David Cameron: How to make a real difference in our schools

Let's be clear: the A-level is a source of strength for our education system, not weakness
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The Independent Online

Of course, for those of us who want the A-level to survive - and I am a passionate fan - there are steps we must take to secure its long-term future, such as publishing marks as well as grades. But let's be clear: the A-level is a source of strength in our education system, not weakness.

Elsewhere, the picture is still pretty gloomy - and you don't have to take my word for it. The story seeped out earlier this week from the elusive prime ministerial yacht that Mr. Blair is "deeply frustrated" by the lack of progress in delivering standards and parental choice, and is demanding officials come up with proposals to accelerate the pace of change. A White Paper is now expected in the autumn.

Heads and teachers will be depressed to read about another barrage of legislation, given that we have already had three manifestos, nine Acts of Parliament, five Green Papers, three White Papers and two strategy documents dealing with education. But the Prime Minister is right to be disappointed that real and lasting change has failed to follow these previous reforms. If he wants genuinely effective measures, here are the eight elements he will have to include:

1. Rigour. We should not accept a system where poor standards are tolerated and failing schools are propped up. It was many years ago that Blair pledged, as part of his "education, education education" mantra, that bad teachers would be sacked, and failing schools and LEAs taken over, but precious little has happened. The General Teaching Council has struck off only 14 bad teachers after almost seven years of operation.

2. Autonomy. Schools must be places where children go to work and learn, not dumping grounds for children regardless of how they behave. This means giving heads and governors the final say on expulsions, without being overruled by appeals panels. It means allowing them to own their own buildings and employ their own staff, and to be freed from the culture of targets and central control. One of the most striking things in yesterday's exam results is that those schools which have the most autonomy - city academies, foundation schools and the independent sector - record the best results.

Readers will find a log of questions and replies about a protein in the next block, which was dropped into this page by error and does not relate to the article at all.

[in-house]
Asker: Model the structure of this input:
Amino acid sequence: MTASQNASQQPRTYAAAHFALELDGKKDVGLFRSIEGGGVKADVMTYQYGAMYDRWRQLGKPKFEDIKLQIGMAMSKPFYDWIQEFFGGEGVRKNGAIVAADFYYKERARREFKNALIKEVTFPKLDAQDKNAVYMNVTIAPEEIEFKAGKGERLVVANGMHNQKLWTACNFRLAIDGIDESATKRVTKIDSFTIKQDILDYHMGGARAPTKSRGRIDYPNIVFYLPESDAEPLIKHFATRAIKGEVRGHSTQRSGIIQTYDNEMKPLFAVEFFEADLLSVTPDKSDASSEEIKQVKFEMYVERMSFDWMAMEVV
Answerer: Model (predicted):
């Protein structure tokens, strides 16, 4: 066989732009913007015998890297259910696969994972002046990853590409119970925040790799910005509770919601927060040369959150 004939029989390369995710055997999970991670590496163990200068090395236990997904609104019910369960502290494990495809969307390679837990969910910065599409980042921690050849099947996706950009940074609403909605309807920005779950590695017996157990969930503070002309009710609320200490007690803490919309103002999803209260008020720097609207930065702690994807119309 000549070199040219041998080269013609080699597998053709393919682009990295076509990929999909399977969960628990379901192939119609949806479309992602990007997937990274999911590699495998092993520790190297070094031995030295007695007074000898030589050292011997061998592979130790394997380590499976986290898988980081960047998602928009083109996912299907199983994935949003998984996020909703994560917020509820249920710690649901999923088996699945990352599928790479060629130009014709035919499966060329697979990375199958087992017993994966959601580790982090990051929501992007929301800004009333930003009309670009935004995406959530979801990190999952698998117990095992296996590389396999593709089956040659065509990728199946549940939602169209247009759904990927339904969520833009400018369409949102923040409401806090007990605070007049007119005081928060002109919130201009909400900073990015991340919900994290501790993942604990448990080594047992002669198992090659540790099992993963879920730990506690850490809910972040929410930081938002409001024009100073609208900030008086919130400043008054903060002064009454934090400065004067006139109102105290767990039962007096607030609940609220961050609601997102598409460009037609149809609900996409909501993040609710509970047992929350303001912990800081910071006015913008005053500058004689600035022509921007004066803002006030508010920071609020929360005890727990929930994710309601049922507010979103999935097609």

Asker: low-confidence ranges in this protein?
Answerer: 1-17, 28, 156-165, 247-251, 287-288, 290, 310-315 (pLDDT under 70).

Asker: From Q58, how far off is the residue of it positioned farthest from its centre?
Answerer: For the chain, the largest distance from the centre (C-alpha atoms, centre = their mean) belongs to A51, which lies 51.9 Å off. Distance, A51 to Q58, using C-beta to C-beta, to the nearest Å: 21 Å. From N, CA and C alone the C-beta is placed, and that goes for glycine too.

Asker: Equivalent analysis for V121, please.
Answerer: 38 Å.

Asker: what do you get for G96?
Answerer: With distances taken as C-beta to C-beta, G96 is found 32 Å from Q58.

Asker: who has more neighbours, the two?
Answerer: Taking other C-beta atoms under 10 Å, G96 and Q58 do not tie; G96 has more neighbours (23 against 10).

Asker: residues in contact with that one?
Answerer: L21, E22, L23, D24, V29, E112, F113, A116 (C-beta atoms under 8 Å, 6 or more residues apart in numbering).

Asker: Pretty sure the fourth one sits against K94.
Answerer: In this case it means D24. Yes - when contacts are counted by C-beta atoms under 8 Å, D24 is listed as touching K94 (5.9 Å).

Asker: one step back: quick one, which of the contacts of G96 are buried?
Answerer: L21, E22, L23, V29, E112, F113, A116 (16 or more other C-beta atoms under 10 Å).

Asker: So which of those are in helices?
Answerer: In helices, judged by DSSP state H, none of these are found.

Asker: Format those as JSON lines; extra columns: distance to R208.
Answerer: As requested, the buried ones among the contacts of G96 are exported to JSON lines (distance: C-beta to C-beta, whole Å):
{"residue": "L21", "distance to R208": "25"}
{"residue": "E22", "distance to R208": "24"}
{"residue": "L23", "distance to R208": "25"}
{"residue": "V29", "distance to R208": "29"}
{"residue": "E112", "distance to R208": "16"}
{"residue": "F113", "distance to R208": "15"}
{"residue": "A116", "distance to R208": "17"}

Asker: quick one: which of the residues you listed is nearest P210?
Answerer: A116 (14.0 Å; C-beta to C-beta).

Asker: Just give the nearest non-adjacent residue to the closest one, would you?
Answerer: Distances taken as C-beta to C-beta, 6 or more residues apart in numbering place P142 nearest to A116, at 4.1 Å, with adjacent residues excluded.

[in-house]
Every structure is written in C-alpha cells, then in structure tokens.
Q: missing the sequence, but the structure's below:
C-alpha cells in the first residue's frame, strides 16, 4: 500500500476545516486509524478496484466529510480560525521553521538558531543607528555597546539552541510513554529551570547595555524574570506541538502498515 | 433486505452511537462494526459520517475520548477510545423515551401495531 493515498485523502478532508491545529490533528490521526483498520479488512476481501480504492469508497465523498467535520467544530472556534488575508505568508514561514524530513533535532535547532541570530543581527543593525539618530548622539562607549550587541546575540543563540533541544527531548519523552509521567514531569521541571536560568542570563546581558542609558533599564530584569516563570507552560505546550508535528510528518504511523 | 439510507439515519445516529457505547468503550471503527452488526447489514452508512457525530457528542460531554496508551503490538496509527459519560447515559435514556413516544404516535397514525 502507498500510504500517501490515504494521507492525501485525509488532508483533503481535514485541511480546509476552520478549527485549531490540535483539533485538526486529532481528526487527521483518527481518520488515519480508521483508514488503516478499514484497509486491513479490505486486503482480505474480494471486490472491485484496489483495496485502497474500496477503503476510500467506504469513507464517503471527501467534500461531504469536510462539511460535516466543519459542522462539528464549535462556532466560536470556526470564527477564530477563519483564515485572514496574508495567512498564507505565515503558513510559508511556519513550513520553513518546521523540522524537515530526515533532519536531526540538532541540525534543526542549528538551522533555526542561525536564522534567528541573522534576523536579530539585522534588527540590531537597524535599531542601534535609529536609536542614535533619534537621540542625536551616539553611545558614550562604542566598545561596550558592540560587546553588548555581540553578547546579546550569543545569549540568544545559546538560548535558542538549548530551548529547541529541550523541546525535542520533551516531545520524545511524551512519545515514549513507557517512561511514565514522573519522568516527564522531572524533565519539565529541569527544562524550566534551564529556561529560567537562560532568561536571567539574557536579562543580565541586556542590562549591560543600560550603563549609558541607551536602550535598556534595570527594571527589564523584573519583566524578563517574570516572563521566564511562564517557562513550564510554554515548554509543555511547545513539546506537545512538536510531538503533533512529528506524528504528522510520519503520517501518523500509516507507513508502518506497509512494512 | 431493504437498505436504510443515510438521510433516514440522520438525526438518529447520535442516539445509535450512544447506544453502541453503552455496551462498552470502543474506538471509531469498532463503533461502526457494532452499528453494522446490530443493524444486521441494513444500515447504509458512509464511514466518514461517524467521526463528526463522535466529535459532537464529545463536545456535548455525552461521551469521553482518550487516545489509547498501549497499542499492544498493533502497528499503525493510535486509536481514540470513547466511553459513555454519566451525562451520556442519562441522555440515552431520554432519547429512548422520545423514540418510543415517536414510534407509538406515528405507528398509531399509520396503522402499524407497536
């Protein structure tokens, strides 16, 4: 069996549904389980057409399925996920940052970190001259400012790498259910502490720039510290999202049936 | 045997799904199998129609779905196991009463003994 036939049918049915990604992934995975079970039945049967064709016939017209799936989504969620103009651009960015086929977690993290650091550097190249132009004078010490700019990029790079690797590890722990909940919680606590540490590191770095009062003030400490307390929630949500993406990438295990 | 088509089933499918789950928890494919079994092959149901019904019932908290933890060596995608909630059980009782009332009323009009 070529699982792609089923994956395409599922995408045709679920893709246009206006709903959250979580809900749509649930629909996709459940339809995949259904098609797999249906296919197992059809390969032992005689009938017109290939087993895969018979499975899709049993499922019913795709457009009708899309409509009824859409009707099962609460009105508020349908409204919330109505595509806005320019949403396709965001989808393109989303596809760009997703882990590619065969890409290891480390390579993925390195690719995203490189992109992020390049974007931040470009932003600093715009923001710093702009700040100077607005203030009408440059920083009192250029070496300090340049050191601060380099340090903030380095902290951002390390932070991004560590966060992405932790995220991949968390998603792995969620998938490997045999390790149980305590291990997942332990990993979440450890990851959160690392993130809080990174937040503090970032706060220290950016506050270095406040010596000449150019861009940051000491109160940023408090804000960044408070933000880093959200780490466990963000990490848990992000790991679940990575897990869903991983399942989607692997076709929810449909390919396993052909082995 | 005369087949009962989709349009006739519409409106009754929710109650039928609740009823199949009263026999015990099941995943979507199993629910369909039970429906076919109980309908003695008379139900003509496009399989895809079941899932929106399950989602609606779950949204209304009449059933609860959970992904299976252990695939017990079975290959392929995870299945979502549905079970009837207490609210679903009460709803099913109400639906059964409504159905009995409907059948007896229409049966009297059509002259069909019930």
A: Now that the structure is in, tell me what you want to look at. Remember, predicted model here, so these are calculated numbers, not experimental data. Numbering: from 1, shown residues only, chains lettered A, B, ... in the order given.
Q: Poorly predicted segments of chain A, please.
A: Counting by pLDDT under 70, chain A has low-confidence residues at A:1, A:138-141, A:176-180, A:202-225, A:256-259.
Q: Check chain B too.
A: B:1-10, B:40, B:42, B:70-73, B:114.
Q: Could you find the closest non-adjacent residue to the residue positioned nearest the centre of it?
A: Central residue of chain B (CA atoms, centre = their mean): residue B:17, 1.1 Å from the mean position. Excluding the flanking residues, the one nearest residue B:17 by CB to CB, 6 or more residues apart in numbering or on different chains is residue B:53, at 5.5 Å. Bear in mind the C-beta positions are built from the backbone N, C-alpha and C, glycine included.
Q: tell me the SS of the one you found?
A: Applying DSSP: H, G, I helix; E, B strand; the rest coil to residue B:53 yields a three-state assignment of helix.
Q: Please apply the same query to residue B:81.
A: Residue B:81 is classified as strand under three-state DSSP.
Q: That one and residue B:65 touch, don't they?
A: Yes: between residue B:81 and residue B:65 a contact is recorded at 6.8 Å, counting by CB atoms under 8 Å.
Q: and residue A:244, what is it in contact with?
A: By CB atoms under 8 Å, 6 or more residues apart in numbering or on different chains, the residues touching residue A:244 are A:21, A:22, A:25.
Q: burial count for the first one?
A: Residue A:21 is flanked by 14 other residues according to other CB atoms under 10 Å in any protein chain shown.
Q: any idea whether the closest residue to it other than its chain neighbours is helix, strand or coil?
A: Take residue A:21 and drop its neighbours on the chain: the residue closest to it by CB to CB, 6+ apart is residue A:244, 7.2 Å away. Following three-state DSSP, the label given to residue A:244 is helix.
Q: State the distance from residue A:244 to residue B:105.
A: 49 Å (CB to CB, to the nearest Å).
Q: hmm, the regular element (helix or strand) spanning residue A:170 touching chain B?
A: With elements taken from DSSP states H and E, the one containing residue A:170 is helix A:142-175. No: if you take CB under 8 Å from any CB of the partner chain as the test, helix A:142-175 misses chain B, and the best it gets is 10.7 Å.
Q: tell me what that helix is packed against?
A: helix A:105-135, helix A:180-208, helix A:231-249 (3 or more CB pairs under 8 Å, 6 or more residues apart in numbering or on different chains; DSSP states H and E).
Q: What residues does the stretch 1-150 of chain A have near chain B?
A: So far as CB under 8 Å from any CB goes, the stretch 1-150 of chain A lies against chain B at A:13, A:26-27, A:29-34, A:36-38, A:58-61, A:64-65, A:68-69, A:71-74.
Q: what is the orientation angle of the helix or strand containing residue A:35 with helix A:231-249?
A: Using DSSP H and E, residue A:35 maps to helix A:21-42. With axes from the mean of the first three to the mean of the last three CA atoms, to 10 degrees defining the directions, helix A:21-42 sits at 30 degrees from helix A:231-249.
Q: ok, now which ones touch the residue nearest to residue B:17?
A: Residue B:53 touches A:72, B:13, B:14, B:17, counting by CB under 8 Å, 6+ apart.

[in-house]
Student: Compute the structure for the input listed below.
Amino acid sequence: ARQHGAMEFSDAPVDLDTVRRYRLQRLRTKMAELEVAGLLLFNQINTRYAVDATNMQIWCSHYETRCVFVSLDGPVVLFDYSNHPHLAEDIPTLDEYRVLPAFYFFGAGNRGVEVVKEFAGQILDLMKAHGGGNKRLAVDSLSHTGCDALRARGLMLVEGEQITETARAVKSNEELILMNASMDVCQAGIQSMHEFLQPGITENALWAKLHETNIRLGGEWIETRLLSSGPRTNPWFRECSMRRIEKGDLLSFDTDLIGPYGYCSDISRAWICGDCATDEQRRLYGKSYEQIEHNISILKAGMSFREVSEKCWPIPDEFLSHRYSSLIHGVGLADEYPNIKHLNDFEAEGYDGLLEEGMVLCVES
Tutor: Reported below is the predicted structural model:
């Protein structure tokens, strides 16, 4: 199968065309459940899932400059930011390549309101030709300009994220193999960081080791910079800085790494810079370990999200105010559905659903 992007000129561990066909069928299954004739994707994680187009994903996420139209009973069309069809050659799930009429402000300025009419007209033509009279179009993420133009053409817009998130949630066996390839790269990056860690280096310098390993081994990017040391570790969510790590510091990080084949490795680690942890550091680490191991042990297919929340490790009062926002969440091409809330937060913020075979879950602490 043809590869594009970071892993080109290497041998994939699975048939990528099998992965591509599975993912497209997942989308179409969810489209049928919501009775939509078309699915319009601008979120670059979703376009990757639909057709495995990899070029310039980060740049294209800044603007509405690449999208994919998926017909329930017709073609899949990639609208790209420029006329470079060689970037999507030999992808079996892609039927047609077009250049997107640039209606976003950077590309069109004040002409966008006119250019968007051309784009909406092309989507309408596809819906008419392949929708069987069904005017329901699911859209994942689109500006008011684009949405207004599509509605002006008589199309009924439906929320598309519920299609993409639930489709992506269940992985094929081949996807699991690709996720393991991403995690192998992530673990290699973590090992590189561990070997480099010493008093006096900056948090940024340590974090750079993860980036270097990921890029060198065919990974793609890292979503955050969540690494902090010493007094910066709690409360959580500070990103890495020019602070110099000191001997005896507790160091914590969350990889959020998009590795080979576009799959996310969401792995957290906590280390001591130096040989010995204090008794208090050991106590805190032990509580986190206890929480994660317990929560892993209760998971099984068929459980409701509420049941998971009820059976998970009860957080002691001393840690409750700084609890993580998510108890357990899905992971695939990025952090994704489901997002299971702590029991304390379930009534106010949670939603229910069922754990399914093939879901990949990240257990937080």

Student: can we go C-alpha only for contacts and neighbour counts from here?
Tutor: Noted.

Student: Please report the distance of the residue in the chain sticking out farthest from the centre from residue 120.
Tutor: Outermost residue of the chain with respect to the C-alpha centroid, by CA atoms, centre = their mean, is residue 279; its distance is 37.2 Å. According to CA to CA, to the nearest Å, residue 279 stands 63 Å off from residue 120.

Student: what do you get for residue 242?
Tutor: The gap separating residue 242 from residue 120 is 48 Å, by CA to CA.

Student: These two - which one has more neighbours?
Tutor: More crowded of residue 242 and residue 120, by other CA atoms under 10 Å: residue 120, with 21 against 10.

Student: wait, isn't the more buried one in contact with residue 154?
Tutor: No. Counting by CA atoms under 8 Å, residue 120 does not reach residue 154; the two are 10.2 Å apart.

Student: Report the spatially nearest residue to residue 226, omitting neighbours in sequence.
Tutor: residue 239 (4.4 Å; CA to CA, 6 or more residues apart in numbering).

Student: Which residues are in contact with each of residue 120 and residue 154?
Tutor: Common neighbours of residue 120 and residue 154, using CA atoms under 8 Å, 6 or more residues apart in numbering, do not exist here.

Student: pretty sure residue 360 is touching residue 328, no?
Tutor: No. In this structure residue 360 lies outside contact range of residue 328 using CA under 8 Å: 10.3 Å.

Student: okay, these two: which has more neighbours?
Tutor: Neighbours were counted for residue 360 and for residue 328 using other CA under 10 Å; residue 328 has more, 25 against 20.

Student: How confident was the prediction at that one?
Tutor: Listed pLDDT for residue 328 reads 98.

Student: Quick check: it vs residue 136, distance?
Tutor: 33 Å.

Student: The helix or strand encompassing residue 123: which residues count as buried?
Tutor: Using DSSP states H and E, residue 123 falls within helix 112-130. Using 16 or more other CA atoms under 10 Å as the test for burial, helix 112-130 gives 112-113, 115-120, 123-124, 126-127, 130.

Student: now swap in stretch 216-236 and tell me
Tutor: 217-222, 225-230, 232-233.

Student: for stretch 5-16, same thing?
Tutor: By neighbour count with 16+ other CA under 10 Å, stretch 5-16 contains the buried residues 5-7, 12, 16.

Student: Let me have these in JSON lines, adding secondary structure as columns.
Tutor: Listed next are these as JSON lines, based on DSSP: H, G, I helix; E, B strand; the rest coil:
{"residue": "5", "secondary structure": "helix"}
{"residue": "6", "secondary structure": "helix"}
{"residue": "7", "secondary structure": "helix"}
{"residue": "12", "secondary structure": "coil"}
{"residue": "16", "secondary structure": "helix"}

3. Freedom to manage. Instead of being subject to a stream of initiatives and funding streams from the various different agencies and public bodies, heads and governors should be able to determine their own priorities, including on admissions.

4. Literacy. This must be tackled as an urgent priority. If you can't read, you can't learn, and all further opportunities are closed. Instead of continued hand-wringing from the Government, we need decisive action. Studies show synthetic phonics is the best method of teaching reading, and we shouldn't need another review to tell us what needs to be done.

5. Diversity. Labour have flirted with initiatives such as specialist schools, foundation schools and city academies, but have not given any the genuine freedom to innovate. There is a danger that without such freedom, academies will merely replace existing sink schools with failing schools in Norman Foster buildings. Instead of business merely adding funding, we should access their expertise over design, construction and management.

6. Special needs. We should ensure that children with special educational needs are given access to the most appropriate form of education. The tide should turn away from the inclusion-at-all-costs agenda, as even its previous advocates now accept. Inappropriate placing of children in mainstream schools damages not only their own education but that of others.

7. Removing barriers between public and private. We should break down the Berlin Wall between the private and state sectors in education. Labour ended the assisted places scheme, which gave a ladder of opportunity to so many, and put nothing in its place.

8. The amoeba. Finally, Mr. Blair must have the courage to tackle what I have previously called "the amoeba" - the mixture of wooliness and resistance to rigour that seems to smother large parts of the educational establishment. Where change is promoted by this establishment - the proposed abolition of the A-level being a case in point - it is all too often an attack on the parts of the system where excellence and rigour are still encouraged.

If the new White Paper includes these measures, it will really make a difference. If not, it will just be another of Mr. Blair's gimmicks. We must hope his latest stance proves to be a lasting commitment rather than a brief holiday romance.

The writer is shadow Education Secretary

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